May 10, 2009 - West Side Couloir (snow)
(see Wetterhorn - Southeast Ridge for the 1st half of this climb)
Wind, wind, and more wind, that is what got us out of the warm sleeping bags and on our way from our Matterhorn Basin camp. We had a snow climb of the Wetterhorn in hand from the day before, a great afternoon of sun and a good dinner, everything we needed to pull off a second 14'er on this incredible bluebird weekend in the San Juan range. The alarm was set for 4 am and we figured as long as we were on the trail by 5 am we would have good snow on the couloir we picked out to score Ed his 45th 14'er summit. We knew that the west side couloirs were the shortest route to the top of Uncompahgre from our camp in the Basin and the angle looked fun, not steep, but a good snow climb regardless.
The night had not been very cold and I had a hunch that the valley we had to cross would bring with it a bit of post holing, either on the way to the climb or more likely on the way back. We packed light, no overnight gear was coming along, and headed directly toward the peak in the far distance. We soon came upon the edge of an abyss blocking our path, an abyss that in the ghostly light of the early dawn looked very deep and seriously corniced, though later, on our return, we saw that the great depth was all of 50 to 75 feet. Funny how the light at that hour can make depth perception a challenge for the expert navigator and novice alike. We cut up toward Matterhorn Peak and looped around the "chasm" before regaining our more direct route toward Uncompahgre. The course to the peak was an undulating affair until we were nearly across when we stayed high to preserve all of the elevation possible.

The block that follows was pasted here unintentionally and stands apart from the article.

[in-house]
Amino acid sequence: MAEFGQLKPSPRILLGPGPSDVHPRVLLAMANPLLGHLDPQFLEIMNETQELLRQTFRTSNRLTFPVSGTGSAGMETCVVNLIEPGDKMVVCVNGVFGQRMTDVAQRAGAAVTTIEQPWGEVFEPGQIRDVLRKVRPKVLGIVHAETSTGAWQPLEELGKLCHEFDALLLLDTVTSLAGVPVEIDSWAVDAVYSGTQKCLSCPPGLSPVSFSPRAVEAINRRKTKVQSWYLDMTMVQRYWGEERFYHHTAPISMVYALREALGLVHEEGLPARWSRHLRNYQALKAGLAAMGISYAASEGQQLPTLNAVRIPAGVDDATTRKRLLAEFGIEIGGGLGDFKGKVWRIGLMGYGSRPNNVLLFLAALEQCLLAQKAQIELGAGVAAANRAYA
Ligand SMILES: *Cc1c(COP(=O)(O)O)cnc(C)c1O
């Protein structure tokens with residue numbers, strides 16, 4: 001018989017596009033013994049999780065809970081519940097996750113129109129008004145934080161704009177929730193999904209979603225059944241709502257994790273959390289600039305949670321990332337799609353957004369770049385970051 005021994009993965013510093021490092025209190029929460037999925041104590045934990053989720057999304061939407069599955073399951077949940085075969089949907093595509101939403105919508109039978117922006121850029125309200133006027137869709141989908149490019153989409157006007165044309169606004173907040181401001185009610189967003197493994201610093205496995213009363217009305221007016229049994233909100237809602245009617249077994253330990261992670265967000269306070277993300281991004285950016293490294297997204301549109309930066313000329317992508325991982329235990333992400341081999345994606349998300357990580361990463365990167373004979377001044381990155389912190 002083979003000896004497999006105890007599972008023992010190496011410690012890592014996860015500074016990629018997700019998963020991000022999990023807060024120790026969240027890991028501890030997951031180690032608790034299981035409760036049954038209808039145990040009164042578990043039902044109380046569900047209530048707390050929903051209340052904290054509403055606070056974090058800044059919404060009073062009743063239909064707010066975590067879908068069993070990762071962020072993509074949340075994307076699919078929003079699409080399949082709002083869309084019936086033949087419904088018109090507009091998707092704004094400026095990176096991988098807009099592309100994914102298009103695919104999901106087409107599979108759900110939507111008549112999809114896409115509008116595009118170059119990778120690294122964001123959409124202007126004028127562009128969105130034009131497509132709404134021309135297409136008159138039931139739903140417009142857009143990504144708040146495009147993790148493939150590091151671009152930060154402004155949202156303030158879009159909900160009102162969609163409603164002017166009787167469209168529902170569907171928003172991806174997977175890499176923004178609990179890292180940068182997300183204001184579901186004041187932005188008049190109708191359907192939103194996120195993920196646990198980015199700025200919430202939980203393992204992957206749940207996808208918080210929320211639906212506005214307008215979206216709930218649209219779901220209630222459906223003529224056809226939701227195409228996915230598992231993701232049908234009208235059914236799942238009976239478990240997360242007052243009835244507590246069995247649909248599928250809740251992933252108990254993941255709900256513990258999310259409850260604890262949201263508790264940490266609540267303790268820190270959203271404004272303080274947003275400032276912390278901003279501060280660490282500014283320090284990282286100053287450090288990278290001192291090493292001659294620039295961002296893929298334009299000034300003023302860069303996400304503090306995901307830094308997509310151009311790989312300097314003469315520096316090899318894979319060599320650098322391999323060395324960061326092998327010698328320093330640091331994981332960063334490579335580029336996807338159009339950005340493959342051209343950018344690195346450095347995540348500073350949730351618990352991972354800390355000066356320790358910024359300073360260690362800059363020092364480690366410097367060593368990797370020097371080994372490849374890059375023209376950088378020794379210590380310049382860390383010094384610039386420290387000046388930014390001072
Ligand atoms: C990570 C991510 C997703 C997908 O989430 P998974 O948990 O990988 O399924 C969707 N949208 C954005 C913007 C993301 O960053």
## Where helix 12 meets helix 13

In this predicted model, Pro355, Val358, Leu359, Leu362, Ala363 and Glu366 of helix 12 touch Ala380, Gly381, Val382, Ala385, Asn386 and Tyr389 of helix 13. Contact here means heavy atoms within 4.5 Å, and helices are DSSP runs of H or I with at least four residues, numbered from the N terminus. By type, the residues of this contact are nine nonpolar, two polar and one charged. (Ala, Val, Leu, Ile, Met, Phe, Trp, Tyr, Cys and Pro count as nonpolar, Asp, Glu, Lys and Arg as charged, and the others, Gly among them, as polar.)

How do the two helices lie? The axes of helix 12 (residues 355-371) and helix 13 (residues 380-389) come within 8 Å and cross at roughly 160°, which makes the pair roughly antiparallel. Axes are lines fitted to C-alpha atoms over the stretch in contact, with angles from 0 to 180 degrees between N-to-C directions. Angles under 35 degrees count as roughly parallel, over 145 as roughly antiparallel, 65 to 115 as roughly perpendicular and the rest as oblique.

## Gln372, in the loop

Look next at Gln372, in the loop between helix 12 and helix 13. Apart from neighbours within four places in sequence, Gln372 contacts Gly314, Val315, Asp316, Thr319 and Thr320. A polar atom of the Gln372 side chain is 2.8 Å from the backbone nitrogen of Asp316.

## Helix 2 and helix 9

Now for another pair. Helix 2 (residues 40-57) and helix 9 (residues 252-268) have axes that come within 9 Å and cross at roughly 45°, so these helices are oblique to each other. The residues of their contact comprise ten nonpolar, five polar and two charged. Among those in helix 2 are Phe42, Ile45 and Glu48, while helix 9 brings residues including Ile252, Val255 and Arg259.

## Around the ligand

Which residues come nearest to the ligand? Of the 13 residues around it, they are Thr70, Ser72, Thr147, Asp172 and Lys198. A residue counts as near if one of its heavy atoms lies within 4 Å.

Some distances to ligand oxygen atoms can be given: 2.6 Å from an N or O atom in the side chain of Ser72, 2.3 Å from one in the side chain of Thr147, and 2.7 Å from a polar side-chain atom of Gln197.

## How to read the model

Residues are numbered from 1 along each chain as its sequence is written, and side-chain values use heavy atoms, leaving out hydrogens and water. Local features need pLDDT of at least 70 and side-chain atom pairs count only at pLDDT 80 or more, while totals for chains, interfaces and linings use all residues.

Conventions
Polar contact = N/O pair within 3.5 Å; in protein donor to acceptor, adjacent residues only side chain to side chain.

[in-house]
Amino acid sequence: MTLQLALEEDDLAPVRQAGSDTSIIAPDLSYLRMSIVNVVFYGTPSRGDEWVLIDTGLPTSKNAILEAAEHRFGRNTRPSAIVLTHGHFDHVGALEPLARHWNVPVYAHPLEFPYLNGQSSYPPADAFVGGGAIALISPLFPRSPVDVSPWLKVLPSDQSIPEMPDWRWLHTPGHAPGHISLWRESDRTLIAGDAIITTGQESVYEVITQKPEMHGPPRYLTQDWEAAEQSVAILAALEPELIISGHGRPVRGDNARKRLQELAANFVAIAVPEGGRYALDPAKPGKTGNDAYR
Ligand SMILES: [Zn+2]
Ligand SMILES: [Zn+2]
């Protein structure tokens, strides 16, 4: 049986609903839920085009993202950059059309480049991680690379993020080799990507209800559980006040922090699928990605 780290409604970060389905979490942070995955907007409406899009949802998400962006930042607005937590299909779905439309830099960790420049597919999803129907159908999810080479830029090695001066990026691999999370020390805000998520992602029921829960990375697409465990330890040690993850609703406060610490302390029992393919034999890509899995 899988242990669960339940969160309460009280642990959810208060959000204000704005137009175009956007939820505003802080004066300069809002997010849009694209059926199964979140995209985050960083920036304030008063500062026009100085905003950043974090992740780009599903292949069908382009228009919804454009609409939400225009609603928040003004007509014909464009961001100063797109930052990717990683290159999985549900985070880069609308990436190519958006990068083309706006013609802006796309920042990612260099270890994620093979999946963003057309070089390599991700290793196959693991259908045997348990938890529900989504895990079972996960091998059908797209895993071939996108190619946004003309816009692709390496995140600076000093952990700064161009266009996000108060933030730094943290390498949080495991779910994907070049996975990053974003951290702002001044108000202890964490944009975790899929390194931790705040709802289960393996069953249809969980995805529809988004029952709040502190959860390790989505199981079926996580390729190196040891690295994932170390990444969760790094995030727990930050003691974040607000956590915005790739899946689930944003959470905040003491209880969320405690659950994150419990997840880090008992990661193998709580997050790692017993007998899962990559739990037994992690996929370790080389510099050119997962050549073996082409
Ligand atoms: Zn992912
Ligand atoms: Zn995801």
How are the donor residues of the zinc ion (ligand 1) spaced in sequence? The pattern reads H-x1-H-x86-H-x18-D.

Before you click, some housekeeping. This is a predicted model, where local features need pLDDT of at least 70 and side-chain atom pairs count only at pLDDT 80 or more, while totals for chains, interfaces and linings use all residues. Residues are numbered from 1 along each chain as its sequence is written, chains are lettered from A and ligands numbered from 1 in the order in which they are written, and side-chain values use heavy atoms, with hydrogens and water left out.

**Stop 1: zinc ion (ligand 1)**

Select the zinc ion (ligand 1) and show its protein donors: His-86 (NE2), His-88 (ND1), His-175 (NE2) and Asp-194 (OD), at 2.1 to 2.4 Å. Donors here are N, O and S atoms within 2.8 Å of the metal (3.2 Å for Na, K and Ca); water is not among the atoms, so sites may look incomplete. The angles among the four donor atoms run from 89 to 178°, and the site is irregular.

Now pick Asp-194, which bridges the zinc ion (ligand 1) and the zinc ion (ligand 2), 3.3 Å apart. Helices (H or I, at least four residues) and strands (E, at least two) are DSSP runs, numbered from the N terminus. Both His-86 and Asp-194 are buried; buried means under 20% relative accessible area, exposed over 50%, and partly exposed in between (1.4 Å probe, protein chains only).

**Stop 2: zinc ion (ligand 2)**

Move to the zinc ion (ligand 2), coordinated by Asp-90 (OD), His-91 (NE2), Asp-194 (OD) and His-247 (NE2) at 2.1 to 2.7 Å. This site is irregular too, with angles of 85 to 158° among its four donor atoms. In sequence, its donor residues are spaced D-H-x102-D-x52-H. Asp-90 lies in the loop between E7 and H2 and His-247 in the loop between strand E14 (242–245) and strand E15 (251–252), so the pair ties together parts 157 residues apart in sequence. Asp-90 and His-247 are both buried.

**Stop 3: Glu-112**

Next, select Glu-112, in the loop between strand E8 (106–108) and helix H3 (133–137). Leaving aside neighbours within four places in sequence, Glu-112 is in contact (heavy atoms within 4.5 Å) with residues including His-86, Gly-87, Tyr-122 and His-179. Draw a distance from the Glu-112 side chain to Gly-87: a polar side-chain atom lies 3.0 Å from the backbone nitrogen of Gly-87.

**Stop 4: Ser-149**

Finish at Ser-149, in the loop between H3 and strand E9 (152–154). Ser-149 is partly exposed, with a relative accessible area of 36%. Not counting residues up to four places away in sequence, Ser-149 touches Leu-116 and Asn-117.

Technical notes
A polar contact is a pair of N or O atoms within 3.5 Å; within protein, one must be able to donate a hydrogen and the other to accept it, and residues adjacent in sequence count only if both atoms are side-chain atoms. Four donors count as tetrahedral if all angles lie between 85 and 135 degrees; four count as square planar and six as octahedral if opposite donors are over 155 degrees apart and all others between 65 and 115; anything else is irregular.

Staying high also gave us a bit better grade of snow and though we would post hole to the knee or even the high thigh here and there, the snow was pretty solid. Once we got to the base of the closest west face couloir, we were on good frozen snow with little more than the points of the crampons penetrating. The couloir looked to be pretty straightforward, go up about the first third at a pretty low slope, take on the next third to the gap in the rocks and then knock out the last third that looked to be pretty mellow as well. We stopped and swapped out the hiking poles for the ice axes and shot a Goo before taking on the climb proper. The first third truly is a tame slope that gives you a warm up before the snow steepens en route to the gap in the rocks. The snow steepens before the gap and if you pick your route right you might be able to knock out a high 30's, perhaps a 40 degree section of snow.